Psychological Medicine

Job strain and psychiatric morbidity

M. CROPLEY a1c1, A. STEPTOE a1 and K. JOEKES a1
a1 Department of Psychology, St George's Hospital Medical School, University of London


Background. This study examined the association between job strain and psychiatric morbidity using interview-based assessments of mental health. We assessed the prevalence of neurotic disorder in high job strain (high demand, low control) and low job strain (low demand, high control) school teachers, and compared these rates with data from individuals with similar educational qualifications from the National Psychiatric Morbidity Survey of Great Britain.

Methods. One hundred and sixty primary and secondary school teachers were selected from a larger survey on the basis of high or low job strain, and were assessed for psychiatric morbidity using the Revised Clinical Interview Schedule (CIS-R). The prevalence of neurotic symptoms and a total psychiatric morbidity score were calculated.

Results. After adjusting for age, gender and occupational grade, the prevalence of psychiatric morbidity was greater in high job strain than low job strain individuals. The prevalence of severe anxiety, worry and fatigue symptoms was significantly greater in the high job strain teachers. In comparison with the British psychiatric morbidity survey, the prevalence of neurotic disorders was greater in the high job strain, but not in low job strain teachers. Individuals in the low job strain group were more likely to report severe anxiety, irritability and fatigue in the week prior to interview, than comparably educated individuals in the national survey.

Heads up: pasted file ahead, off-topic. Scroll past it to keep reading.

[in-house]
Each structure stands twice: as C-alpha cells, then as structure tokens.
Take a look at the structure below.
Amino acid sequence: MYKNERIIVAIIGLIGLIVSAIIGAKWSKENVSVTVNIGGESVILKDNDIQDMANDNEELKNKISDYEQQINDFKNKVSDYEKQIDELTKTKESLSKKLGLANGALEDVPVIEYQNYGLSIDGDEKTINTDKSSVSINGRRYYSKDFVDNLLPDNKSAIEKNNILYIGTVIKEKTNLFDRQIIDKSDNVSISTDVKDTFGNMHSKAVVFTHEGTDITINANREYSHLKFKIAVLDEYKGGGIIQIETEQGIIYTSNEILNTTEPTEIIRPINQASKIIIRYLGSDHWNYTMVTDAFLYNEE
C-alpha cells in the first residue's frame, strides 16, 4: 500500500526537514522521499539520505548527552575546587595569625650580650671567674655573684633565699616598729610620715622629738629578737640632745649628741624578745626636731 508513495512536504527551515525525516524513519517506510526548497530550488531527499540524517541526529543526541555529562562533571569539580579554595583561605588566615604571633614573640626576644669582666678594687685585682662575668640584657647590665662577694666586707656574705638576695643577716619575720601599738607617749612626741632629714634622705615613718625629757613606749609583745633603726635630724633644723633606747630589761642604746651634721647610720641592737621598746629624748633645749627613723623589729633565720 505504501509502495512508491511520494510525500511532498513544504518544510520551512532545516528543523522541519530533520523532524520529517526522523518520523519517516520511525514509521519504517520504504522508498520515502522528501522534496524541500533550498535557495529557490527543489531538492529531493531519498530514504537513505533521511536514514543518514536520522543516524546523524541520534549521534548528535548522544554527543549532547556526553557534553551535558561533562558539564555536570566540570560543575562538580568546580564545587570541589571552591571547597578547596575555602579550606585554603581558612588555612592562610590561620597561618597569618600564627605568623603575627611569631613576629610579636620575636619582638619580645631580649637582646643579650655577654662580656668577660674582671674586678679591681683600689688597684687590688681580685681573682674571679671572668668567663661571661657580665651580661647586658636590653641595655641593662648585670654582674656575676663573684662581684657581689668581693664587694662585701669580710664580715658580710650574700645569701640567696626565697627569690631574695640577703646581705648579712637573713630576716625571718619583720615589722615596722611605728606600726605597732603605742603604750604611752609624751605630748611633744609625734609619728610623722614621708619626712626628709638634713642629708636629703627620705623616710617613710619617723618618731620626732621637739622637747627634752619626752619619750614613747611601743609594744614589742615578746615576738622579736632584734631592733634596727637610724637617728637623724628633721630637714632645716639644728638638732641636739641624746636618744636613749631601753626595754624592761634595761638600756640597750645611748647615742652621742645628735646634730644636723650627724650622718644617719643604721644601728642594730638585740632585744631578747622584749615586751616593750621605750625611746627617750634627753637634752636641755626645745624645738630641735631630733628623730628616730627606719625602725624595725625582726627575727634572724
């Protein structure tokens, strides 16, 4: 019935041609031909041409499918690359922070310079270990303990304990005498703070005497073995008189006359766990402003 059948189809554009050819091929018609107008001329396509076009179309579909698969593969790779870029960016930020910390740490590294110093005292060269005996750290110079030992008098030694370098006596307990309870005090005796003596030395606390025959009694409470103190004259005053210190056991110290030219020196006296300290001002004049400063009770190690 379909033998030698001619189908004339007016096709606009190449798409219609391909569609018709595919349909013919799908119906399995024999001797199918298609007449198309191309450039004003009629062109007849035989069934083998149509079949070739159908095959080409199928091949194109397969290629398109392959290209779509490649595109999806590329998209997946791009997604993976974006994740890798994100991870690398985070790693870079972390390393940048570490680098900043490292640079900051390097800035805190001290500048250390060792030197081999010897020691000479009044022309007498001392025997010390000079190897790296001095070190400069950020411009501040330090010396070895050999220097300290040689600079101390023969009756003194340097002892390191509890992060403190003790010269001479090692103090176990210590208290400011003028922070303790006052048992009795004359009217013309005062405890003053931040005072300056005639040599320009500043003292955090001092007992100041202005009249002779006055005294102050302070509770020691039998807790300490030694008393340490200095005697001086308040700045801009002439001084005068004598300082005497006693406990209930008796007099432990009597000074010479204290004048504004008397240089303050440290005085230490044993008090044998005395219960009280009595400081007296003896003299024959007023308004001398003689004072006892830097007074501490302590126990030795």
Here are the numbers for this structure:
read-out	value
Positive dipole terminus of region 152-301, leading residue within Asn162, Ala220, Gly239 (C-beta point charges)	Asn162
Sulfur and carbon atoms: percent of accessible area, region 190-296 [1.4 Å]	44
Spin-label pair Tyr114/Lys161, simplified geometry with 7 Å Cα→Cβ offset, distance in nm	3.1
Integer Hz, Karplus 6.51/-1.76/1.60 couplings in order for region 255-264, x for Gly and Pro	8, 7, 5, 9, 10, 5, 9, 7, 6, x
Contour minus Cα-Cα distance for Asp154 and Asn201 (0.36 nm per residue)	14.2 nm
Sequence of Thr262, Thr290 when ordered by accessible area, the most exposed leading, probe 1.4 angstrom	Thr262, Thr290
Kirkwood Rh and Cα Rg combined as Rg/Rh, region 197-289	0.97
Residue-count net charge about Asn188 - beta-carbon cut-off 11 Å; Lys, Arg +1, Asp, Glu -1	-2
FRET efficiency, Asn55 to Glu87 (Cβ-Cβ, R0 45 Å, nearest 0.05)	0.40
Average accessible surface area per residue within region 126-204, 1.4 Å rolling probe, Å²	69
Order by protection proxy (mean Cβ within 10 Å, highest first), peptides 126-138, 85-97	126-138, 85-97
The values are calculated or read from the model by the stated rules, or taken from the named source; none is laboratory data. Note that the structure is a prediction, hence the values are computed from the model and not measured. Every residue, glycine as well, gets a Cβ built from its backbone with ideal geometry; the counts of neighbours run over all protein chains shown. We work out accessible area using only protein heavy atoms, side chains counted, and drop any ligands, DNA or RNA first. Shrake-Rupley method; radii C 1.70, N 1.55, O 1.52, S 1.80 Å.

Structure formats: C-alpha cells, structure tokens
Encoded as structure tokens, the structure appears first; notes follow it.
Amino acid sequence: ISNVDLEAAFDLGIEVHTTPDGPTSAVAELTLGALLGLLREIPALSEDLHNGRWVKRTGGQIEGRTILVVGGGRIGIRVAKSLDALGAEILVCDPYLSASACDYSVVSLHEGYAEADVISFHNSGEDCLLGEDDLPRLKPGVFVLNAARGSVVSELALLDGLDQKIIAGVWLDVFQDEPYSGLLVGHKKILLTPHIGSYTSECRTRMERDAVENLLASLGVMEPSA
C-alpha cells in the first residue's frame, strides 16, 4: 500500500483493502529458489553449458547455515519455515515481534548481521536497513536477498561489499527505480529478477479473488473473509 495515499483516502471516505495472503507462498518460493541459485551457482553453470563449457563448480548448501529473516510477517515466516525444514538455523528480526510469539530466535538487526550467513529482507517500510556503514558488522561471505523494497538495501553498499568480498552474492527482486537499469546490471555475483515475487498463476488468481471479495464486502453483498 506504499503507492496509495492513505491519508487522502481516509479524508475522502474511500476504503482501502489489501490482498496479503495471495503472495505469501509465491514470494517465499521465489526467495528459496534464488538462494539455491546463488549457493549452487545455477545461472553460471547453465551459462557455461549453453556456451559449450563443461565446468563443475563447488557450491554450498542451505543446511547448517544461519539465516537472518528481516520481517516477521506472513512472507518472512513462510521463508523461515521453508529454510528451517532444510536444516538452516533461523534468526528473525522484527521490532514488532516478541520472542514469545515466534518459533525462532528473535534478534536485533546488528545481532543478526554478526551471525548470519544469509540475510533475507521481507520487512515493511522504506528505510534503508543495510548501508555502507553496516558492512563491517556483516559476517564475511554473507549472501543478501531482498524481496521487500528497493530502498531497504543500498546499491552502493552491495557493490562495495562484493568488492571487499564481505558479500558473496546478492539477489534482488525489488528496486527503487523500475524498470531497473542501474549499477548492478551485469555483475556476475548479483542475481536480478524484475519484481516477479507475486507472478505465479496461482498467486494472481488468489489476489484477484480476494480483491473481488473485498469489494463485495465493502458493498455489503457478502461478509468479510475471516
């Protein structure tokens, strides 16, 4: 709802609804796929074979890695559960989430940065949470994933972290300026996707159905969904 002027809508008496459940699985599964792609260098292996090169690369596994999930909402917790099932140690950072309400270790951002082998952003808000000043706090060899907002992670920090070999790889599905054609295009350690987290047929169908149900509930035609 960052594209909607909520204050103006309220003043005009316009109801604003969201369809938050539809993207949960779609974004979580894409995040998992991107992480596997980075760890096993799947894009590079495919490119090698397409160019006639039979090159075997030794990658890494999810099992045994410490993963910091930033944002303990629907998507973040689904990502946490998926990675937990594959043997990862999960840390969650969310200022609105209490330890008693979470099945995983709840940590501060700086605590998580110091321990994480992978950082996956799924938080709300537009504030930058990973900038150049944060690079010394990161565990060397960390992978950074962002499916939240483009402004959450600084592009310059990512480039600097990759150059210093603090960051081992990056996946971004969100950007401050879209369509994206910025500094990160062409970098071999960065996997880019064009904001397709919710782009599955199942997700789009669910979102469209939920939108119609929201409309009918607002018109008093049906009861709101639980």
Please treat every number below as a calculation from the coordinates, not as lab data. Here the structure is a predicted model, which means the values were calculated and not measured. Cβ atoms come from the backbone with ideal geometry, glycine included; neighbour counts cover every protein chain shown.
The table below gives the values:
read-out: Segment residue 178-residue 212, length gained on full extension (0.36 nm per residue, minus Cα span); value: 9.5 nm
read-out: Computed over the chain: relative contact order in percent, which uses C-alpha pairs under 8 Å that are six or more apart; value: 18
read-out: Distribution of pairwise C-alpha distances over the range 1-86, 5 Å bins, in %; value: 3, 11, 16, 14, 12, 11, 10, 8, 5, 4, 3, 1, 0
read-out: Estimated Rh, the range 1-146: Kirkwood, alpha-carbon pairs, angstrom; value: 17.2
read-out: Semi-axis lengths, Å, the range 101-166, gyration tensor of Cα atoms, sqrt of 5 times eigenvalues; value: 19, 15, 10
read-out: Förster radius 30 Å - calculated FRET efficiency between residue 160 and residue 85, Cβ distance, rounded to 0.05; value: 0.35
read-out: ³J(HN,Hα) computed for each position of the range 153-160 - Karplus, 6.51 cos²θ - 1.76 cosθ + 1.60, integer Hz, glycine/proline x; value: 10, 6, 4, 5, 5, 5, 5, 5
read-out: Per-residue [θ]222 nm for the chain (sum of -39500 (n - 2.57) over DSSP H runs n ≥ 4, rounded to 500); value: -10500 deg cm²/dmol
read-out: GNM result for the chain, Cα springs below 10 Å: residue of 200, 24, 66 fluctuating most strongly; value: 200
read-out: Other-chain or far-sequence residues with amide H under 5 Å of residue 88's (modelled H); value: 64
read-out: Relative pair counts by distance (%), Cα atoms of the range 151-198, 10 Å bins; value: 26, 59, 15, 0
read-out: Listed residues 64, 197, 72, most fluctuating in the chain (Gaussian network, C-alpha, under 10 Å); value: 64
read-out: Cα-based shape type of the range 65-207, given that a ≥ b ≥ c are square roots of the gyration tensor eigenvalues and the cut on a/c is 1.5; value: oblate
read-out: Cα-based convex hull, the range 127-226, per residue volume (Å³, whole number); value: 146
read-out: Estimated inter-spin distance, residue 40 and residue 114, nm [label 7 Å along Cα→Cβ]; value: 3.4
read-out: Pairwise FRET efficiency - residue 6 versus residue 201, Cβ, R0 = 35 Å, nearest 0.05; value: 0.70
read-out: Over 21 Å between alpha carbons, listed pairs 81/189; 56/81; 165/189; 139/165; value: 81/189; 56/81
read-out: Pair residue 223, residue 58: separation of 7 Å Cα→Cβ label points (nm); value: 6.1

Conclusion. Job strain is associated with psychiatric morbidity. The high levels of neurotic psychopathology among teachers is consistent with previous research that has found teaching to be a highly stressful occupation.

c1 Address for correspondence: Dr Mark Cropley, Department of Psychology, University of Surrey, Guildford, Surrey GU2 5XH.